Ground Breaker is a brewery started in Portland, Oregon, USA in 2011 and was called, at that time, Harvester Brewing. They craft solely gluten-free beer, which is certified as such, and rated very highly in the realm of gluten-free beer.
Now, the first question you likely will ask is, why change the name so quickly? There seemed to be no good reason to, there are many sites and online nooks that still call them Harvester Brewing and rave about their beer! So, what happened? Clearly their marketing and reach wasn’t suffering. The Hope Family Wines company decided they didn’t like the use of the word “harvester,” since they own a trademark on the word.
Now, that may sound ridiculous, but, even more to this, they are in California and a winery. These two companies are not in the same state nor are they producing the same kind of beverage, unless you want to lump them both in as simply alcoholic beverages. Harvester Brewing responded to this by simply changing their name to Ground Breaker and moving on.
Secondly, you might ask, what makes them so special? Well, unlike many gluten-free beer producers, Ground Breaker doesn’t use enzymes to eat gluten out of gluten containing ingredients, such as malt; they simply use ingredients that don’t contain gluten in the first place!
All Ground Breaker beers are brewed using chestnuts, lentils, oats, sorghum, and hops all sourced from farms within the USA (other ingredients are added, but done so depending on the specific beer). This combination actually makes a decent replica of different American beer styles, but, even so, they will never be the same as beer with traditional ingredients and should be tasted with that in mind.
Additionally, it’s interesting to note that the brewery took a campaign to kickstarter to get the necessary funds for a canning machine, to make their beer more accessible and, between all their backers, made more than enough to make this happen, take a look at their campaign page here.
The third, and most important question: how does it taste?
Ground Breaker Pale Ale Review
This beer is described on the Ground Breaker website in a succinct manner:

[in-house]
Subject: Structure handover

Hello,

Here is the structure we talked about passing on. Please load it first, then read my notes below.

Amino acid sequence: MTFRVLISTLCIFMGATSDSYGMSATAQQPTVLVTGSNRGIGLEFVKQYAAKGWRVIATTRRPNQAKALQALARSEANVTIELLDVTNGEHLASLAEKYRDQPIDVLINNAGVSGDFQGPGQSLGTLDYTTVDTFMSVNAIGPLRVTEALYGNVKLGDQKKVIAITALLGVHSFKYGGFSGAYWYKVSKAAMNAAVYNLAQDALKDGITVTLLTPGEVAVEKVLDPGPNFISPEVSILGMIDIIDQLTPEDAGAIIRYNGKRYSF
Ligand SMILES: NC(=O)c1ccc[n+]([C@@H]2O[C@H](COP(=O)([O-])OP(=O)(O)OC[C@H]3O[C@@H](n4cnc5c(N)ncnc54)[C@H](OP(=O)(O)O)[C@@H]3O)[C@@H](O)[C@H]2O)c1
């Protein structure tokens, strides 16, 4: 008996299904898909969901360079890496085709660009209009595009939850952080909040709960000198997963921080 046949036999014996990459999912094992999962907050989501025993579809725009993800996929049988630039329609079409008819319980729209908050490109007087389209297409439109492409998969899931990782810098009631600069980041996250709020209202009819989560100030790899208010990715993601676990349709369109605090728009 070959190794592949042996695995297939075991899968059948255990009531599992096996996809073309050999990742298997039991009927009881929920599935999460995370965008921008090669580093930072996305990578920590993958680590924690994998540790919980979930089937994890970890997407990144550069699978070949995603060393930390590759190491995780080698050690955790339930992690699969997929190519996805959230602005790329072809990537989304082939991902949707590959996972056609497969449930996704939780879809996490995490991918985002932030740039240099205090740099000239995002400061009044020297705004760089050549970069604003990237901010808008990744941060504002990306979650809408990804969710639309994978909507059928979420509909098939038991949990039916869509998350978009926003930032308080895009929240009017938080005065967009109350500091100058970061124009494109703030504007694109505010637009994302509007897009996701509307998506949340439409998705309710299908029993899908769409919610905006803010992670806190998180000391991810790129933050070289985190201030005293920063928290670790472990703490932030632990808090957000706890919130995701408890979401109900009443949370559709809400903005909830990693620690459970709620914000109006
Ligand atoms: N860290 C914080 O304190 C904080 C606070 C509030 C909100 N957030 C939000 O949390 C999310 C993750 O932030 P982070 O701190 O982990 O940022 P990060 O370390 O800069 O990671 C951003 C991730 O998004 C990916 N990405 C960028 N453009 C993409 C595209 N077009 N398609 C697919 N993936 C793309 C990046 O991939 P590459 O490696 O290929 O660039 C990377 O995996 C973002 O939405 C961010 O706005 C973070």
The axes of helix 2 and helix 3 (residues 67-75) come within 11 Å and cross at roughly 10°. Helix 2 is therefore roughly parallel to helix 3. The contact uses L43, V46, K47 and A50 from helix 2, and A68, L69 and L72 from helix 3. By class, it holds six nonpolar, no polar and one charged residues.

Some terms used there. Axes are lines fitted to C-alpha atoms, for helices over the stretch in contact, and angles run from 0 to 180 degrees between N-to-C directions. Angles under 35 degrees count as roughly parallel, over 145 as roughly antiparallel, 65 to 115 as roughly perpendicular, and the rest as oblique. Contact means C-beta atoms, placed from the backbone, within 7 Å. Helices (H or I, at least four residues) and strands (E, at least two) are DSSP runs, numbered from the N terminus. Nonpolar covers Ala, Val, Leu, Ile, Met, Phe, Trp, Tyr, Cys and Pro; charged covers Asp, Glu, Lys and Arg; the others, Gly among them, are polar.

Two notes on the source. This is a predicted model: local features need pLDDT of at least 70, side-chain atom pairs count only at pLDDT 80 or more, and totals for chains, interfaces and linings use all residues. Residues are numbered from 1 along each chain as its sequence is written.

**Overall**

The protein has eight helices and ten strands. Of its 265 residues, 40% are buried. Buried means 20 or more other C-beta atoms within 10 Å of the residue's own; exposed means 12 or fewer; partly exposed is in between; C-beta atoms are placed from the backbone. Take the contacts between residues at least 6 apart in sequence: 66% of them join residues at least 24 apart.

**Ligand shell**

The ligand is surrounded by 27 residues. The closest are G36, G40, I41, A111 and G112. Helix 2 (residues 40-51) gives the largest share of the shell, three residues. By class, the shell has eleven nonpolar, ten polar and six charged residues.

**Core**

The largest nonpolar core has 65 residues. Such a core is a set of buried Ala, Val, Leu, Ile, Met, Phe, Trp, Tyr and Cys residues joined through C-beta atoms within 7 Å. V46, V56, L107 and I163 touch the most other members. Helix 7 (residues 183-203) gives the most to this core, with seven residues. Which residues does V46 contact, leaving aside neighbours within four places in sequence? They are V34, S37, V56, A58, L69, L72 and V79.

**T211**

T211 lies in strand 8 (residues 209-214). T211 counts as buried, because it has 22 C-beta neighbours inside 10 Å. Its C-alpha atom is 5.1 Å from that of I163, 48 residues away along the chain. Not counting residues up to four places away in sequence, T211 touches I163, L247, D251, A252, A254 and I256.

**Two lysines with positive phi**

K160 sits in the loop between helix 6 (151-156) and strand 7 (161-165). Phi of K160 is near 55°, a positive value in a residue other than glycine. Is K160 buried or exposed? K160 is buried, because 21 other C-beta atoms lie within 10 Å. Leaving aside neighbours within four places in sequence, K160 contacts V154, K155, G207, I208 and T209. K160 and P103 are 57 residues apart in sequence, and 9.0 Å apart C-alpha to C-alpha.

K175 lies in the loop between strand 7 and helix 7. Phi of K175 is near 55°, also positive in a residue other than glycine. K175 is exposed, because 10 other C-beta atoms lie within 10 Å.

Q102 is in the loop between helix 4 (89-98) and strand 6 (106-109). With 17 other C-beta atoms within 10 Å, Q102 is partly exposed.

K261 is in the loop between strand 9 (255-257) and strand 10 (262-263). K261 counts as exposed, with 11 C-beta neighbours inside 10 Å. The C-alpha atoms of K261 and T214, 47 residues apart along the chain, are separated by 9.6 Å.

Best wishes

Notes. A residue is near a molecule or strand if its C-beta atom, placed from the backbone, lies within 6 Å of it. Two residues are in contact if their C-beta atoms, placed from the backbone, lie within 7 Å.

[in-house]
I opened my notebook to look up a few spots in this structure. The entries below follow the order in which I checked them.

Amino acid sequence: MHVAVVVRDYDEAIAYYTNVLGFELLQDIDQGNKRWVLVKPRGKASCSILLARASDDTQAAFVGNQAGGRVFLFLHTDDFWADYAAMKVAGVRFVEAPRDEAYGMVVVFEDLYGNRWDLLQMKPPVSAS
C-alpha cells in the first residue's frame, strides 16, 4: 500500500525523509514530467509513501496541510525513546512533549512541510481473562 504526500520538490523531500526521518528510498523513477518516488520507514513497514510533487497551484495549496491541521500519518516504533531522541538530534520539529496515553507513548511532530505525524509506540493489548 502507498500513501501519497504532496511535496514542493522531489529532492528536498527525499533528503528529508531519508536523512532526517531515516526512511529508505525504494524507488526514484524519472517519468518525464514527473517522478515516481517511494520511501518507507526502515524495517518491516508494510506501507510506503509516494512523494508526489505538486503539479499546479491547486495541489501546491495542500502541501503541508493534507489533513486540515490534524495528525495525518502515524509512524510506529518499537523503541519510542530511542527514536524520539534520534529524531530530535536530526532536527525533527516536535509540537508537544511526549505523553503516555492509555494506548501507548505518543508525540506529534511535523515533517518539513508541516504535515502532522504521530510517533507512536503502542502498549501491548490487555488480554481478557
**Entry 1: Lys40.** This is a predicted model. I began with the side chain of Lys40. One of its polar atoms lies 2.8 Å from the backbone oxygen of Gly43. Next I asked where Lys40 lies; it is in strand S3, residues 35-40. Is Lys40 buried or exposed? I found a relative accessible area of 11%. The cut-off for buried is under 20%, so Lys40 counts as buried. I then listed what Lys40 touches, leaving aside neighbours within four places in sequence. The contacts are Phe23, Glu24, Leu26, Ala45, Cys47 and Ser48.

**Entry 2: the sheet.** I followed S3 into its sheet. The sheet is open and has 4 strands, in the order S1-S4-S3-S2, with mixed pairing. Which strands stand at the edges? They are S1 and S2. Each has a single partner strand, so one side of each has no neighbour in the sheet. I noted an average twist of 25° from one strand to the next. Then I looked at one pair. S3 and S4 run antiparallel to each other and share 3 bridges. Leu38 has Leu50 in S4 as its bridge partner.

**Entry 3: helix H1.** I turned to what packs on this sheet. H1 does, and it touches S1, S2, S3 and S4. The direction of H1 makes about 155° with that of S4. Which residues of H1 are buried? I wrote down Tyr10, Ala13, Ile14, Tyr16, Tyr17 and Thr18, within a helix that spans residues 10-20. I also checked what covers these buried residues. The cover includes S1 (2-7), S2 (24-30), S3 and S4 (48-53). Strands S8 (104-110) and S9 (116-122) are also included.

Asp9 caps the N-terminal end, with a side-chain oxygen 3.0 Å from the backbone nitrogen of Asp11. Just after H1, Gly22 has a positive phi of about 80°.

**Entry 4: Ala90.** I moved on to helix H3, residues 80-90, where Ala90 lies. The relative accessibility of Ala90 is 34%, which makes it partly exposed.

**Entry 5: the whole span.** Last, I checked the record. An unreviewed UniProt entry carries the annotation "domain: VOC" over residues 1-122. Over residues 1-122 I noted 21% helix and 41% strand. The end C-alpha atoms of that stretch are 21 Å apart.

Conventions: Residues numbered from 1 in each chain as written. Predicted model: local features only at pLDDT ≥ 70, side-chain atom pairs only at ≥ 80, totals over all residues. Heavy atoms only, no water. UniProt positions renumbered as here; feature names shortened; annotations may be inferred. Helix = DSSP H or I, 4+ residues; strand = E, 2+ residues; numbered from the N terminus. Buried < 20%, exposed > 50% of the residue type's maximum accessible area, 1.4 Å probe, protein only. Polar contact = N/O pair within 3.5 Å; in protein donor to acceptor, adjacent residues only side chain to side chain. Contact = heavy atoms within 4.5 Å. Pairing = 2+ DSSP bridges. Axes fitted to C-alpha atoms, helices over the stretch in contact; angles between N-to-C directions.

Pale Ale is brewed to be bright and crisp. We dry hop with Cascade and Meridian hops to provide a floral aroma with elements of citrus and pine.
When I poured this pale ale, it was a very bright straw yellow. The head was smooth and began dissipating immediately after pouring. Plentiful amounts of bubbles could be seen rising consistently in the glass, a good indication of the higher carbonation content, usually seen in North American beer.
Smells rising are citrusy, like lemon, but hidden in the background are aromas of a wooded area in spring. Ironically, the overall smell is reminiscent of a wheat ale, especially considering this a gluten-free beer. The overall aroma is rather faint, but the citrus cuts through.
On the tongue, this pale ale is very dry and crisp. The flavor dissipates almost as fast as it hits the tongue, as expected from a dry beer, but leaves a slightly bitter flavor on the tongue. The mouthfeel is light and refreshing, but feels as if it dries out your tongue, causing you to take another sip (clearly a conspiracy to make you want more!). As indicated by the rising bubbles, there is heavy carbonation present. While cold, citrus was the singular flavor present, making this beer seem far too simple, but as it warmed up, floral accents became more obvious, creating a more balanced flavour and aroma.
Overall, Ground Breaker Pale Ale is a decent approximation of a pale ale, but in its own class of gluten free, it is some of the best available. Remember, if you do drink this one, it will never taste like a regular pale ale, it is a different beast all-together and must be tasted as such.
Bright citrusy flavour shines through in this dry, refreshing beer. The aroma is sweeter than the flavor and quite pleasant.
Taste is simple and unbalanced with citrus overtaking the floral notes.
The bright lemon would do well with spicy foods, grilled meats, and tangy fruits.
Time of Year
With its dry, refreshing attributes, definitely meant for a hot summer day.
Rating 4/5 – based on its place in the realm of gluten-free beer